Review pages Page number: 113-116. These pages cover Intelligence Led Policing and predictive Policing. Answer the below question in at least a 250 word response. Explain intelligence-led policing and predictive policing.(this is the questionChapter 5
Technologies and Tools for the Tasks 113
E. E.ondido
Rana Burstories
ving to understand how,
Hing to them. In this vein,
nderstanding the mental
t crimes (although crim-
hefit the problem-solving
Criminology. It requires
Sperimentation with the
result in strategic crime
ise of statistics to make
Casting crime trends
zot delve into it at this
very useful for making
nerally a year or more
principal uses involves
short period of time
li, and type of weapon
chapter is geographic
resides based on the
necting a suspect to a
escriptions as well as
ny states search their
ied. 21
rveys-discussed in
The ARJIS system of San Diego County affords tactical, investigative, statistical, and crime analysis
information to police, and a wealth of information to the public. Here, a map shows East Escondido
citizens the locations of residential burglaries during a recent one-month time frame
Courtesy ARJIS Crime Mapping Research Center.
itiatives and needs to
Analysis for Problem
ommunity Oriented
CompStat pushes all precincts to generate weekly or monthly crime activity reports. Crime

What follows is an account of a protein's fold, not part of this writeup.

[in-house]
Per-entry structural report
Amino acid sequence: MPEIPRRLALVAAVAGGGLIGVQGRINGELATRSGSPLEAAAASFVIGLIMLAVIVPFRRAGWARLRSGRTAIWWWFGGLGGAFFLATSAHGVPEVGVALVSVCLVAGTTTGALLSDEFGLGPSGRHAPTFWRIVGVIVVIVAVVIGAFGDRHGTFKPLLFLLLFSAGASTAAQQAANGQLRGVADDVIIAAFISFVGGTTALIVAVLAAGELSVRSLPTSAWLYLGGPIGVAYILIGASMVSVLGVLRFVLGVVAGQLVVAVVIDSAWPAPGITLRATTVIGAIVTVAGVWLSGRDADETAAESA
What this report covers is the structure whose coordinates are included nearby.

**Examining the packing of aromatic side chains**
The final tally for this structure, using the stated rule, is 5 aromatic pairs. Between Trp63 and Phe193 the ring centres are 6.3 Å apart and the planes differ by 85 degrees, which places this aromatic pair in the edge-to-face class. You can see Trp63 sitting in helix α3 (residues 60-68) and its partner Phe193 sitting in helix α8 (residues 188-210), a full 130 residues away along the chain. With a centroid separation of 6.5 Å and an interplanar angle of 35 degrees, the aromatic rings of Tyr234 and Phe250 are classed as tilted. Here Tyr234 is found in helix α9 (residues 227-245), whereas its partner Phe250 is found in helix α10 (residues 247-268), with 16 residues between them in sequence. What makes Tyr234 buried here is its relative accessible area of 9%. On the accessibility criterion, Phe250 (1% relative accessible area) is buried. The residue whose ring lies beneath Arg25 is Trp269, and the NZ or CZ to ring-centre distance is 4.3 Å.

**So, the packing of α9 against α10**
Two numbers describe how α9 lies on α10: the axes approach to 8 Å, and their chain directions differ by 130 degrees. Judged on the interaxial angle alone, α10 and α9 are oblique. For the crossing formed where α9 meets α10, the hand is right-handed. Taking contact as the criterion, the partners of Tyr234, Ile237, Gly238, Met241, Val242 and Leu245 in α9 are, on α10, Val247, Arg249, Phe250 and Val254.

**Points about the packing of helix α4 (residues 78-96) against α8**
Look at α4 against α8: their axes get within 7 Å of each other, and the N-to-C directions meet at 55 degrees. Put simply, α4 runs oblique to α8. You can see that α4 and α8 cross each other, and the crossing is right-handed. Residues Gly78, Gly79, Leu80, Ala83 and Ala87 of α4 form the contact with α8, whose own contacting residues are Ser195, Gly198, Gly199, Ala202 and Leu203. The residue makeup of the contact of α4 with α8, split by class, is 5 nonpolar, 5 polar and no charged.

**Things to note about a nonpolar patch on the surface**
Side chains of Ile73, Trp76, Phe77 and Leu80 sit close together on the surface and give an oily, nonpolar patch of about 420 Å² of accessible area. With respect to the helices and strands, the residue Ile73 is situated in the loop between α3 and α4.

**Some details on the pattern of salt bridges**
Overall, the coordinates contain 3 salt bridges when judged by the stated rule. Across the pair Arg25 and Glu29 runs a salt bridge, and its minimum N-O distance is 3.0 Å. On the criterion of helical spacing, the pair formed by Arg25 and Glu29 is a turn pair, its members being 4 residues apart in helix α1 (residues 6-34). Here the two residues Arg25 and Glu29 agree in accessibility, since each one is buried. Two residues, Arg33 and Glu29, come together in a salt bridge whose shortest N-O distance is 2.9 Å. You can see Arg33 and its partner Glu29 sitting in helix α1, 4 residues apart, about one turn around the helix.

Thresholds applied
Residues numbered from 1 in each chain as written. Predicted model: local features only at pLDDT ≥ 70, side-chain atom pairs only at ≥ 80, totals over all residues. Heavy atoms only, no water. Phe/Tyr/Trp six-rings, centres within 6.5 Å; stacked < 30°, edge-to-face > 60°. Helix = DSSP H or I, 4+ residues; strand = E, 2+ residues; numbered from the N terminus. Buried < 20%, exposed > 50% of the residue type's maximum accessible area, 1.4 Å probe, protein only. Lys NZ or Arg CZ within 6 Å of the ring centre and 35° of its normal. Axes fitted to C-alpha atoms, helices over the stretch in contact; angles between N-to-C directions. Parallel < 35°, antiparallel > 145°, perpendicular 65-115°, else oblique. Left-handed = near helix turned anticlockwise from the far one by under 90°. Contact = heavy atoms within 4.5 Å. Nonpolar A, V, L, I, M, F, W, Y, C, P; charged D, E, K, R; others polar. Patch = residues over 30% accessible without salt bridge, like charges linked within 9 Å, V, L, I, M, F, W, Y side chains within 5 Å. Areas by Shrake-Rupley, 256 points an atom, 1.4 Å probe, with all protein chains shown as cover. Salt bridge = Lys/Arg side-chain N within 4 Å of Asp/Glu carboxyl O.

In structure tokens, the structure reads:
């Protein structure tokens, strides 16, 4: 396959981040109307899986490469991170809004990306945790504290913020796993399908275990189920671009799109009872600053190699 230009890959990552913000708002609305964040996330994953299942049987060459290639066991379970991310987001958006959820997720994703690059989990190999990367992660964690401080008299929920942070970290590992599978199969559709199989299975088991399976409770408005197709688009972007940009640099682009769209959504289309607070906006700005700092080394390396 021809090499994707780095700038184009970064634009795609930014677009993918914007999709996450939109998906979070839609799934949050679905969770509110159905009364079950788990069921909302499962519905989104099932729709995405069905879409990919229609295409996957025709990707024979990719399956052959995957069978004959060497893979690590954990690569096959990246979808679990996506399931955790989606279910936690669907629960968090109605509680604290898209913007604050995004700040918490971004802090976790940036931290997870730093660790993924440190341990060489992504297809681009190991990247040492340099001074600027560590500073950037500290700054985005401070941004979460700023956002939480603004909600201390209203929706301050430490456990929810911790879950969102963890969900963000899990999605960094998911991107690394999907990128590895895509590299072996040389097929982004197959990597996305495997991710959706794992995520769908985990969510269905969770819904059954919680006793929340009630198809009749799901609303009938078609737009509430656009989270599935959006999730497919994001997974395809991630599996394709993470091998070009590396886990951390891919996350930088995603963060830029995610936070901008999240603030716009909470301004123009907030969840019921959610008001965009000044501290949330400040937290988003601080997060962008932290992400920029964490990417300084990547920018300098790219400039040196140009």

data are readily available, offering up-to-date information that is then compared at citywide,
patrol, and precinct levels.
Under CompStat, police begin proactively thinking about ways to deal with crime in terms
of suppression, intervention, and prevention. Commanders must proactively respond to crime
problems, and explain what tactics they have employed to address crime patterns, what resources
they have and need, and with whom they have collaborated. Follow-up by top brass further
ensures accountability.
-solving process is
ned for the collec-
4, CompStat has
those with 100 or
mpStat-like pro-
INTELLIGENCE-LED POLICING. ILP originated in Great Britain, where police believed that a
relatively small number of people were responsible for a comparatively large percentage of
crimes; they believed that officers would have the best effect on crime by focusing on the most
prevalent offenses occurring in their jurisdiction.25
The word “intelligence” is often misused; the most common mistake is to consider “intelli-
gence as synonymous with “information.” Information is not intelligence; rather, “information
plus analysis equals intelligence,” and without analysis, there is no intelligence. Intelligence is what
is produced after collected data is evaluated and analyzed by a trained intelligence professional. 26